Use of certain substances such as caffeine, alcohol
Use of certain medications, such as cholinergic agents or alpha-agonists
Any loss of bladder control can be considered incontinence. Call your doctor if you have a loss of urine control. The doctor can help you determine the underlying cause.
The doctor will ask about your symptoms and medical history. You will be asked how often you empty your bladder and patterns of urine leakage. The doctor will do a physical exam to look for any physical causes such as blockages or nerve problems. You may be referred to a specialist. Bodily fluids will be tested. This can be done with:
The flow of urine will be assessed. This can be done with:
Bodily structures may need to be viewed. This can be done with:
Treatments are based on the cause of the urinary incontinence. Physical therapy may be referred as part of a treatment program. Physical therapy programs are designed to correct functional disorders, improve muscle function and strength, relieve pain, promote healing and recovery, and when necessary, help patients adapt to permanent disabilities. Services offered by physical therapists to reduce urinary incontinence may include:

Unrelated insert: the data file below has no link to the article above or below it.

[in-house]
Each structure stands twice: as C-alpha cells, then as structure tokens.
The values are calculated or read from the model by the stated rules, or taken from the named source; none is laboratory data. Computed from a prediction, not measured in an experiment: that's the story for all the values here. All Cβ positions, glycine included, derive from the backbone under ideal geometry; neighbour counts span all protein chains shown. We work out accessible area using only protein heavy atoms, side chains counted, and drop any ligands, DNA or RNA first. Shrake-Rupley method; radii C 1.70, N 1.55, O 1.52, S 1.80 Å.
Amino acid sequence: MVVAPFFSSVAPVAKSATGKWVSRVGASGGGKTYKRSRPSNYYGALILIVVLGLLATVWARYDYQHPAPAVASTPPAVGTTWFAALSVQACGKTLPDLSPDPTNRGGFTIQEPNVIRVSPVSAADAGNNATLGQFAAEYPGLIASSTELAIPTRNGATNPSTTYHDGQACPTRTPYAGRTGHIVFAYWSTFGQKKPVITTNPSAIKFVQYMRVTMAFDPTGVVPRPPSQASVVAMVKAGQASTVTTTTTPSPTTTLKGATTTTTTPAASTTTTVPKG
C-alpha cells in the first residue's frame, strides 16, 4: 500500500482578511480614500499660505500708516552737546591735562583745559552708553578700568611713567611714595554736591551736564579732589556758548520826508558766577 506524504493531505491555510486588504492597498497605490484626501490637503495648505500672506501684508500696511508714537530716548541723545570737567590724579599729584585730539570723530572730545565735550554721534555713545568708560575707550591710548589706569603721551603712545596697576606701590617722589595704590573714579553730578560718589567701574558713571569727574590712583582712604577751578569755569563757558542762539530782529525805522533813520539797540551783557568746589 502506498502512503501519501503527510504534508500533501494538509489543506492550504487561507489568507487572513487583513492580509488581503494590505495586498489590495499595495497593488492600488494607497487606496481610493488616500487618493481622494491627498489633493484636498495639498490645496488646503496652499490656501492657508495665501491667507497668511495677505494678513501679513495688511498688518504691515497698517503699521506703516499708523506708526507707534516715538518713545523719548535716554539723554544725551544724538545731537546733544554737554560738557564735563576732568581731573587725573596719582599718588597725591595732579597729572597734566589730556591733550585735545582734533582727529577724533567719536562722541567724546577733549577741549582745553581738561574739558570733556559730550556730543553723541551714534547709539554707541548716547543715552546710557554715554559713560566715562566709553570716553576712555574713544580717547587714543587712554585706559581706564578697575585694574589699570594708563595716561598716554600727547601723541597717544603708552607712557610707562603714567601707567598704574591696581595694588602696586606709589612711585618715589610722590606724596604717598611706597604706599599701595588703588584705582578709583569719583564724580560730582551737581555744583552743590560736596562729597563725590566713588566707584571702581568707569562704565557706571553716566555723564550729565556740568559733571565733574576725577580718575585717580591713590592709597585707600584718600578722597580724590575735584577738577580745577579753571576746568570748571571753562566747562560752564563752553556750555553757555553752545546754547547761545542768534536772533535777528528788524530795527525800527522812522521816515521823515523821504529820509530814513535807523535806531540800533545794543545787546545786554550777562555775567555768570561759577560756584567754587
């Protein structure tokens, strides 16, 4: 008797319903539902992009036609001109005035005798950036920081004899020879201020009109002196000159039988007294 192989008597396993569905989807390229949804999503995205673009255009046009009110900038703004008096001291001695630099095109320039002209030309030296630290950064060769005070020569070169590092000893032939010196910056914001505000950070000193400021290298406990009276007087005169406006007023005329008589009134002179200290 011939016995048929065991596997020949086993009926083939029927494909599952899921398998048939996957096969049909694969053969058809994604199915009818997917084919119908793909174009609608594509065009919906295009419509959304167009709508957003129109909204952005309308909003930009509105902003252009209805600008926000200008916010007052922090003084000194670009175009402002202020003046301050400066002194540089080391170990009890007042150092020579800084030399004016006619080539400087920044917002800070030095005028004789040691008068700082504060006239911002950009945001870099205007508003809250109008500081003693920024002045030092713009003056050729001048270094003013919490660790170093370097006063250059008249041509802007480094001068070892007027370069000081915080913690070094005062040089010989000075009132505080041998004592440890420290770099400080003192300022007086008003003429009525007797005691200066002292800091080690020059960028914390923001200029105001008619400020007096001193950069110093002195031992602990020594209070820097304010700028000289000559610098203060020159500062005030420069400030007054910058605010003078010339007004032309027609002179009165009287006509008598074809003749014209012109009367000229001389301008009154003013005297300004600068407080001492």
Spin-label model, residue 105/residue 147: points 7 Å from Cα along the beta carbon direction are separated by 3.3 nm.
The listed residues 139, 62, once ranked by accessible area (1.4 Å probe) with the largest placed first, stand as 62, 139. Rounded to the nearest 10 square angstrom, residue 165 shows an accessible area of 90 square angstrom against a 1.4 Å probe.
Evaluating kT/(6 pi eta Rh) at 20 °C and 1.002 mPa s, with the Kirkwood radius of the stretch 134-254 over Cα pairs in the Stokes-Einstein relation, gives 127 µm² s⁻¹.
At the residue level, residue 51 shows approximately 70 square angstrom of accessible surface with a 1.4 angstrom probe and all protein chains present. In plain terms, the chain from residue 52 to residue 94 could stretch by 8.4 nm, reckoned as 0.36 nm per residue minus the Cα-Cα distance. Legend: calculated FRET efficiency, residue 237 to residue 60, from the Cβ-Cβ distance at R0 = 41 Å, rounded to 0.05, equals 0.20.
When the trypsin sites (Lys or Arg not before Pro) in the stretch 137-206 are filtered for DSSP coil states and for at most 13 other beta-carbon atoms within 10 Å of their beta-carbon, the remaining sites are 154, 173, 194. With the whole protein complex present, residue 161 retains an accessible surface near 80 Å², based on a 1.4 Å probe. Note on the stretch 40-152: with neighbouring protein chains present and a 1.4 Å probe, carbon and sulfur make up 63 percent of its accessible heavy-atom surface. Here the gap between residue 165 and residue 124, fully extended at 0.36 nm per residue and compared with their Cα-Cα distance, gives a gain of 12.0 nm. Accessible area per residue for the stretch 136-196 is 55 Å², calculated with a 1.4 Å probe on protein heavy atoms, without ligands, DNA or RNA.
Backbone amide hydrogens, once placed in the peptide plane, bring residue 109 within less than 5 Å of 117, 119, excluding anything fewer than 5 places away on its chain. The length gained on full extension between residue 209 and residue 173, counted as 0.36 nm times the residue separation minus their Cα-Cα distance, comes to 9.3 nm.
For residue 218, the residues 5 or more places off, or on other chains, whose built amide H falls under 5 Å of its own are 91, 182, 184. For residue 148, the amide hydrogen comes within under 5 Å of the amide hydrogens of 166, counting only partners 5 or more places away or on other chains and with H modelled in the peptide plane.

Myofascial release (internal & external)
Trigger point release (internal & external)
Heat and ice
Therapeutic exercise for the pelvic floor musculature
Biofeedback (internal & external)
Electrical stimulation (internal & external)
Bladder and bowel retraining and patterning
Fluid and food intake management
Incontinence is a symptom of many other conditions. There are several ways to prevent incontinence:
If advised by your doctor, do exercises to strengthen your pelvic floor muscles, such as Kegel exercises. This is especially important if you are pregnant.
Reduce your intake of substances that lead to incontinence such as caffeine, alcohol, and certain drugs.
Lose weight, if needed.
Eat a healthy diet to avoid constipation.
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